Physiology of glutamate and GABA neurotransmission in the CNS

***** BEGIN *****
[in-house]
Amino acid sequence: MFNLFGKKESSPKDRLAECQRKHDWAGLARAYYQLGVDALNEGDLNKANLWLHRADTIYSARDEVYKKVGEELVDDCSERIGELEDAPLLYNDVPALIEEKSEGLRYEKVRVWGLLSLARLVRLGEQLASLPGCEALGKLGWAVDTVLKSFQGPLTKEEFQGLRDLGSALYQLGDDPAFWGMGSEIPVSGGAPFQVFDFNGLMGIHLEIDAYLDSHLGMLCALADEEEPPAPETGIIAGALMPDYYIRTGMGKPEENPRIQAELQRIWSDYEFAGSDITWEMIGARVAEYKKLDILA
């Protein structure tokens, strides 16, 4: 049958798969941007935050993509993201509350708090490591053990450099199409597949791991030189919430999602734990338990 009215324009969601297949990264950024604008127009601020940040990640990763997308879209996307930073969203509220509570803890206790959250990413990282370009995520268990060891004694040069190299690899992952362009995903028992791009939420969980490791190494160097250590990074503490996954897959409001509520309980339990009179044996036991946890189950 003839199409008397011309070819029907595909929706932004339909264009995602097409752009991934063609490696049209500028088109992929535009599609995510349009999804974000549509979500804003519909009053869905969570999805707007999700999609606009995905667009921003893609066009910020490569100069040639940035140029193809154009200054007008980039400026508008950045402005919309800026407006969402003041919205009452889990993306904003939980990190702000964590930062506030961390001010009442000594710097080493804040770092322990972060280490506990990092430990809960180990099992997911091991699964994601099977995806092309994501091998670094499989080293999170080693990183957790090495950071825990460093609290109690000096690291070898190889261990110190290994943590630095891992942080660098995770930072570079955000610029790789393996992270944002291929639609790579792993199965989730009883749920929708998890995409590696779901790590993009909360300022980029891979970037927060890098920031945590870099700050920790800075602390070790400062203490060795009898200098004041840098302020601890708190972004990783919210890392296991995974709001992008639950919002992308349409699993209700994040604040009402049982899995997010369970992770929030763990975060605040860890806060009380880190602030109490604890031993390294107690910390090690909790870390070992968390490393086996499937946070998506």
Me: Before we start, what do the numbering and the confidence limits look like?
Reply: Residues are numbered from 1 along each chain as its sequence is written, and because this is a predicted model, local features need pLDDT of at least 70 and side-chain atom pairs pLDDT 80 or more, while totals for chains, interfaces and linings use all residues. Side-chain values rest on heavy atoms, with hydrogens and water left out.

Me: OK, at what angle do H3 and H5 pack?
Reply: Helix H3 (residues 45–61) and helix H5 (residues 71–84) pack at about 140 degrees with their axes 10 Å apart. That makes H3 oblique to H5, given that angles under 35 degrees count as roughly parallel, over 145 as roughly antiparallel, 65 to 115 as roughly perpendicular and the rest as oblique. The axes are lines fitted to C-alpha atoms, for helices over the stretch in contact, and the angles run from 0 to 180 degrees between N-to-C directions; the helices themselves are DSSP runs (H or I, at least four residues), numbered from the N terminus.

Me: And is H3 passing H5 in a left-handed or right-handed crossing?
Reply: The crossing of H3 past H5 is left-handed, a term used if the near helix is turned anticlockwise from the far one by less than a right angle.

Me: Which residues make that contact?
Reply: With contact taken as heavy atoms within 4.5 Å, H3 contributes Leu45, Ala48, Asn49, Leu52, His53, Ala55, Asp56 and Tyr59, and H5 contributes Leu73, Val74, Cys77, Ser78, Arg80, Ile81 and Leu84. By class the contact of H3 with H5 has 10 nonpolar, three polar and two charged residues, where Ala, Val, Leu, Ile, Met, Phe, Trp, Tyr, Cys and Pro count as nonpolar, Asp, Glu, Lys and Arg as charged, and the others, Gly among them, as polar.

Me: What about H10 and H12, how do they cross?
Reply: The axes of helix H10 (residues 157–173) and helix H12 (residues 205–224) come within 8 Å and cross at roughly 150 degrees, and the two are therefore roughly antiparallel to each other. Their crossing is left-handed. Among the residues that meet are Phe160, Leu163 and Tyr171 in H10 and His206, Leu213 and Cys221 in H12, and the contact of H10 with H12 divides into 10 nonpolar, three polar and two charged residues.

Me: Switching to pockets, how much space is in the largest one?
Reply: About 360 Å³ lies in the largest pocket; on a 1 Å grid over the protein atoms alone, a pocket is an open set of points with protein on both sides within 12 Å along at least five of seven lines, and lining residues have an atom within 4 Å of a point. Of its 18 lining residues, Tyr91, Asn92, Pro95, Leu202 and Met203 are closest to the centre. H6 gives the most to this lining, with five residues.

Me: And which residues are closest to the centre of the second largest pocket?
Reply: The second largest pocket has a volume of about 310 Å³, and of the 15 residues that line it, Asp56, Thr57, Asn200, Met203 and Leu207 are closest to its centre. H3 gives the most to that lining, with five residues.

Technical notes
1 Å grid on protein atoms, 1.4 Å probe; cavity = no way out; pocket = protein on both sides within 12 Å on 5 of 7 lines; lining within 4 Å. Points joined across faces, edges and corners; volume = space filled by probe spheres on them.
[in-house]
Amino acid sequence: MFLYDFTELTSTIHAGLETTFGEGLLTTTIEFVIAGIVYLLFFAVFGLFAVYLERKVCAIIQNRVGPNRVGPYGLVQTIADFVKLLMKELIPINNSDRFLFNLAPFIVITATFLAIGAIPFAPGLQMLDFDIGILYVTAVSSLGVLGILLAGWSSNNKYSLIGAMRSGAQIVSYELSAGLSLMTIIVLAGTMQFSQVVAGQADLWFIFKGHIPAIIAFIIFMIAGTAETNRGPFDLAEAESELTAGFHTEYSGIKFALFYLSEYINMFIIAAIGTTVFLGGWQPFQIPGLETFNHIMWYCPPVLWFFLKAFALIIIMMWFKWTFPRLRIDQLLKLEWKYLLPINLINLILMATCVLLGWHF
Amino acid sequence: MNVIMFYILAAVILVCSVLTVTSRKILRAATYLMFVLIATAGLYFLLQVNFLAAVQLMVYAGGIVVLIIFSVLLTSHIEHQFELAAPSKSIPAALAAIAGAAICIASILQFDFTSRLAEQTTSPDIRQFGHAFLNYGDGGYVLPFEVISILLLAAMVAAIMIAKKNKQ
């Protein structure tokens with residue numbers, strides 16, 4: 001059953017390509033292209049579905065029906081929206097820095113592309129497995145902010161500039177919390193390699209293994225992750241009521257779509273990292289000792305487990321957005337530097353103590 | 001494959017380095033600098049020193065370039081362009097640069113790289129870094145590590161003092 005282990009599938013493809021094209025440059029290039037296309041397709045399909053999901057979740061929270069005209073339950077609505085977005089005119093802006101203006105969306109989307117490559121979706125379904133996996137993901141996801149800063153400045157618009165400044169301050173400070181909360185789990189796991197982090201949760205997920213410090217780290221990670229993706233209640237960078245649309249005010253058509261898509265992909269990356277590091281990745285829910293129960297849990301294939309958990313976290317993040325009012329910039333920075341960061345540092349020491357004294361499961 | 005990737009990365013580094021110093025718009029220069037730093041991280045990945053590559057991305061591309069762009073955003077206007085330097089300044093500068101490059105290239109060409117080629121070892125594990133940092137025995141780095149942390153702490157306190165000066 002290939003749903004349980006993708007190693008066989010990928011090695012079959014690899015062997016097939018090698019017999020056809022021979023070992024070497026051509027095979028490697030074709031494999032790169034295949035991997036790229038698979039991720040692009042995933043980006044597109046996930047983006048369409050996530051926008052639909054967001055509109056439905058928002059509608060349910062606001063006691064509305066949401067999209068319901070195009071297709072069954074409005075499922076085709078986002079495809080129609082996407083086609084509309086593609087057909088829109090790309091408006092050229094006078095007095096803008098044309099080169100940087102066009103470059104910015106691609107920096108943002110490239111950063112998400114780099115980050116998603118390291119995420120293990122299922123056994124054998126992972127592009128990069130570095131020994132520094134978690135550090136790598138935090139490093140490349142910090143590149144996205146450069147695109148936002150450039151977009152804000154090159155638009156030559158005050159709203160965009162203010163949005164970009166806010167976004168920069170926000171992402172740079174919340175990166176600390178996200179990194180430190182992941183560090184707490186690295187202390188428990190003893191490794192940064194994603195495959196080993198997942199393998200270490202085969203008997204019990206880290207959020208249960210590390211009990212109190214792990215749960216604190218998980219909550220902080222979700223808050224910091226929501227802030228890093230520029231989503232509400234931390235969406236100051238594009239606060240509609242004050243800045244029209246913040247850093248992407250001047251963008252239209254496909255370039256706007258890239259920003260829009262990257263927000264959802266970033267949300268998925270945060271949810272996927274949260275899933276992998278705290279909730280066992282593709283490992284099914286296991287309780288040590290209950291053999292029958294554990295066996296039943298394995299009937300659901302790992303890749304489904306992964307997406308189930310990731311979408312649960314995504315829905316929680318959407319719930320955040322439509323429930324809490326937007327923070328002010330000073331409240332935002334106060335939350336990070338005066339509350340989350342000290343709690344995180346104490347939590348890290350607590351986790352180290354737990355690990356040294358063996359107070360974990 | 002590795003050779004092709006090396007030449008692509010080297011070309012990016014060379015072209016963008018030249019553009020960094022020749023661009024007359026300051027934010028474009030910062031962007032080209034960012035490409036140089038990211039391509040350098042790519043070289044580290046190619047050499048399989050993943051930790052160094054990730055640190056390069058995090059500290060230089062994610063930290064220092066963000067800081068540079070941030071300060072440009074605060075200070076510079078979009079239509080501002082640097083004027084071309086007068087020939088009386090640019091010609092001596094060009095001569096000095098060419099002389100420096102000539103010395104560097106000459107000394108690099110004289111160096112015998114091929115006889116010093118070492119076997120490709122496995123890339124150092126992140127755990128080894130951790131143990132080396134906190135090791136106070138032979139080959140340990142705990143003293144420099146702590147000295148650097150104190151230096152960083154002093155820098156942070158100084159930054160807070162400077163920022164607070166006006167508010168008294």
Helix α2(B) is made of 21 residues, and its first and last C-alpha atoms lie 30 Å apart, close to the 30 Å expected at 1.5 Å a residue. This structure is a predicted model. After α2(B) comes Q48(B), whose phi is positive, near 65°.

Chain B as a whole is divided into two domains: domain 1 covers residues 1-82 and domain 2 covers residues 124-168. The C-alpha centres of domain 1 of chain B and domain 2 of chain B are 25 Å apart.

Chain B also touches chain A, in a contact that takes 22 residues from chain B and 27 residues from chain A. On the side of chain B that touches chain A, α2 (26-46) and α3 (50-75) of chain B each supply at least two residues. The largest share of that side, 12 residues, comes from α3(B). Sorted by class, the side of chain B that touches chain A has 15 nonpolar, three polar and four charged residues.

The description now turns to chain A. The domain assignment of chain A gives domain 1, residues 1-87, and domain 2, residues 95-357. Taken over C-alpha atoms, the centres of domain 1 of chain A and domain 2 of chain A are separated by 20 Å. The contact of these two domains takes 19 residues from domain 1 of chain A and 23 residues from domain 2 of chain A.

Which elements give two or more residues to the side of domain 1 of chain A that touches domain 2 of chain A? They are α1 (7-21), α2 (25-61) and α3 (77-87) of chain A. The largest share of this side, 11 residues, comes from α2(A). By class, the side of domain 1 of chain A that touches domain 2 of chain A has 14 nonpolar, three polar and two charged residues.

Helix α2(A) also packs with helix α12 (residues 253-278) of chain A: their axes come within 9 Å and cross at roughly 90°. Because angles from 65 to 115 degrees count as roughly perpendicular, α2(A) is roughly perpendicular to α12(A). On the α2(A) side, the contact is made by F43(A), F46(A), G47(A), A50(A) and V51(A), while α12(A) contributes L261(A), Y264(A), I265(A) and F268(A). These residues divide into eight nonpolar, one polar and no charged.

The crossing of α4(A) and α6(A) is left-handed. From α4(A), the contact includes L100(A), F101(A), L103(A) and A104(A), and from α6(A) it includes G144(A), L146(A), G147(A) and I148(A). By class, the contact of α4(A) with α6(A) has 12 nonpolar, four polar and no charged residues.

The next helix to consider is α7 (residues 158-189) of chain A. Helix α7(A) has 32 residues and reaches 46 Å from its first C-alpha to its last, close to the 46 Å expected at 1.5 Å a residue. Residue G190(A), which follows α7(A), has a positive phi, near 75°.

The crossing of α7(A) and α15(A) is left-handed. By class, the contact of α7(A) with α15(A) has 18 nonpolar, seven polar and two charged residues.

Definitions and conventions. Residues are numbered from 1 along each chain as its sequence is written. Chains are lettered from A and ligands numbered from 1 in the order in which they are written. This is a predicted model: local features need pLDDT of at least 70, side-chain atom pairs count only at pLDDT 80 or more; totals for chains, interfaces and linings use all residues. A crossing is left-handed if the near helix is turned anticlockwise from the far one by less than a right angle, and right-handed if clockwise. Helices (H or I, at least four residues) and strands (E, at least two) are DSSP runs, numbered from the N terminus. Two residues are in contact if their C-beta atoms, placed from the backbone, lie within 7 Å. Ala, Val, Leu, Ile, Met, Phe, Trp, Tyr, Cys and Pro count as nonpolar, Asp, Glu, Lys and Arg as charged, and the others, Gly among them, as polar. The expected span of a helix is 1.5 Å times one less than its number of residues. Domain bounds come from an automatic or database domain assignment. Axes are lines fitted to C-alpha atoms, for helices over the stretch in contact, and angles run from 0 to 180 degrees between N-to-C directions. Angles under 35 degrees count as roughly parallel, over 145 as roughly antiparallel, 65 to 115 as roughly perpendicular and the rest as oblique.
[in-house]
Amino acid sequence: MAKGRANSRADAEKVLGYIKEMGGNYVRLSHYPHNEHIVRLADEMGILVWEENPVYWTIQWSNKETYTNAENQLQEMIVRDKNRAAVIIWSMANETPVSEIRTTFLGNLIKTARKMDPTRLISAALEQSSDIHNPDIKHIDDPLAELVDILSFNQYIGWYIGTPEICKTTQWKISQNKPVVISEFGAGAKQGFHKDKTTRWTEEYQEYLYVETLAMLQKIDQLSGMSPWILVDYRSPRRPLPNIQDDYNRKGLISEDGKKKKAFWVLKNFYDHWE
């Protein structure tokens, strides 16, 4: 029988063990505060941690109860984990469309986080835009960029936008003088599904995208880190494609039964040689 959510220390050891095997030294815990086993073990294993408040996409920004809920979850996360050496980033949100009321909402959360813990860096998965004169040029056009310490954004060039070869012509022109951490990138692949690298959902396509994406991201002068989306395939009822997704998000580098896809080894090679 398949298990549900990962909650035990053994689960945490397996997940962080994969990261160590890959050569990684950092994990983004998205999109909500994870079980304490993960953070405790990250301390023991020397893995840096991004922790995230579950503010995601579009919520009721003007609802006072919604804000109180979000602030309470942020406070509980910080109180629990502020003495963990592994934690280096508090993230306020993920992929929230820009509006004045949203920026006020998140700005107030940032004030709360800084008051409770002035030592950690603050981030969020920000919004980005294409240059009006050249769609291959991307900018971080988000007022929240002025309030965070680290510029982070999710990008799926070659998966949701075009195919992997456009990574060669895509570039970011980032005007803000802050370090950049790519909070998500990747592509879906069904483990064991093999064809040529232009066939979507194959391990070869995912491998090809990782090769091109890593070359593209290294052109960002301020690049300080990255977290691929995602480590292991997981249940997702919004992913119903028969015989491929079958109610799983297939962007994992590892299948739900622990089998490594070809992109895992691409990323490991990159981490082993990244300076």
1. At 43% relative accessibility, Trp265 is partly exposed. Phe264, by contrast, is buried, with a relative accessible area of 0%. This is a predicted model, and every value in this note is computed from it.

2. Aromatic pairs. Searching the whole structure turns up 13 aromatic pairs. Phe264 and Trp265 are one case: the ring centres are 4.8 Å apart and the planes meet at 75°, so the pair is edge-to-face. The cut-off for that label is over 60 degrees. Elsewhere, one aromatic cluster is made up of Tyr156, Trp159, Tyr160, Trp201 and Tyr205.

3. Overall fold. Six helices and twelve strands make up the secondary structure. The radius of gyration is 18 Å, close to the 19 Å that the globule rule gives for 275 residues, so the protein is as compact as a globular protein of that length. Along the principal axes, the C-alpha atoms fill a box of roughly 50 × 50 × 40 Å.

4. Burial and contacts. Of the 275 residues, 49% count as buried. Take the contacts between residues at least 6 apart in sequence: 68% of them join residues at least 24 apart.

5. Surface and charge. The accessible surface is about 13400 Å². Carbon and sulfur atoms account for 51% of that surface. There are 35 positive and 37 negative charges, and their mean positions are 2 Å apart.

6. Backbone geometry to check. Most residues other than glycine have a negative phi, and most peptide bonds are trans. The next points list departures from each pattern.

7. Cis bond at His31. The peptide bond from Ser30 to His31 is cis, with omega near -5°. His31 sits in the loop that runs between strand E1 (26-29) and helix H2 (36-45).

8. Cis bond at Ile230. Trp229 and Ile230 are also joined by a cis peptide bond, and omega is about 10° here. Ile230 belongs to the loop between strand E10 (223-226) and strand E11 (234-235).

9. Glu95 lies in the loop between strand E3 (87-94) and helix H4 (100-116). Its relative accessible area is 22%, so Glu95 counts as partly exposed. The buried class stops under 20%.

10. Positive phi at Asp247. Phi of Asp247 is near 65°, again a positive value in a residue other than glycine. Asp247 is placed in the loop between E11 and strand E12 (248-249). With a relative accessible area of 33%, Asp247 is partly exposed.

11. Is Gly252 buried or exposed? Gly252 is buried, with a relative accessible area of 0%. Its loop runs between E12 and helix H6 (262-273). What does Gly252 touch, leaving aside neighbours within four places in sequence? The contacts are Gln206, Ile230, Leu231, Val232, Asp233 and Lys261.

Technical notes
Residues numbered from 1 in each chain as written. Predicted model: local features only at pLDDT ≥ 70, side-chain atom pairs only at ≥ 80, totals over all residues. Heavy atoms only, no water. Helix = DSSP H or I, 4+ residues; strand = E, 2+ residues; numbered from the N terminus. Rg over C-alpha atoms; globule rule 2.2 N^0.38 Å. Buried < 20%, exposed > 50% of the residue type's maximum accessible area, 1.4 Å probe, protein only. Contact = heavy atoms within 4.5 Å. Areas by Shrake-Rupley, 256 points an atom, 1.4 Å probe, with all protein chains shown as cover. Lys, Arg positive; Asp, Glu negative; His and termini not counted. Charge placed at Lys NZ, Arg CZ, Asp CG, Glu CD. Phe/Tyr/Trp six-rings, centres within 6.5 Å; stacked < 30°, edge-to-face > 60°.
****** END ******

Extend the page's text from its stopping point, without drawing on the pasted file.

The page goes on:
The broad aim of my research is to understand control of excitation and inhibition by neurotransmitters in the central nervous system. This is an important goal because neurotransmitter actions can be double-edged, underlying normal neurotransmission on the one hand and neurotoxicity on the other. In one project we are exploring the cellular and synaptic homeostatic response to physiological and pathophysiological depolarization. We find presynaptic adaptive changes in synaptic function that may serve to protect neurons from seizures or ischemia. Other studies have uncovered that the major brain cholesterol metabolite is a potential novel endogenous positive modulator of NMDA receptors, a class of glutamate receptors important in learning and memory and in vulnerability to insult. We are exploring the impact of this modulator on network function and its potential role in modulating damage threshold to excitotoxic insults. We are also interested in how positive modulators interact with clinically important, use-dependent negative regulators of NMDA receptor function, such as ketamine. A final emphasis is our collaborative work to understand the mechanisms by which endogenous neuroactive steroids directly modulate GABA and glutamate receptor function. This work employs novel chemical biology tools. For all of these studies we use electrophysiological, molecular, and imaging techniques applied to simple in vitro systems of neurons in culture and to intact brain slices, as well as to heterologous expression.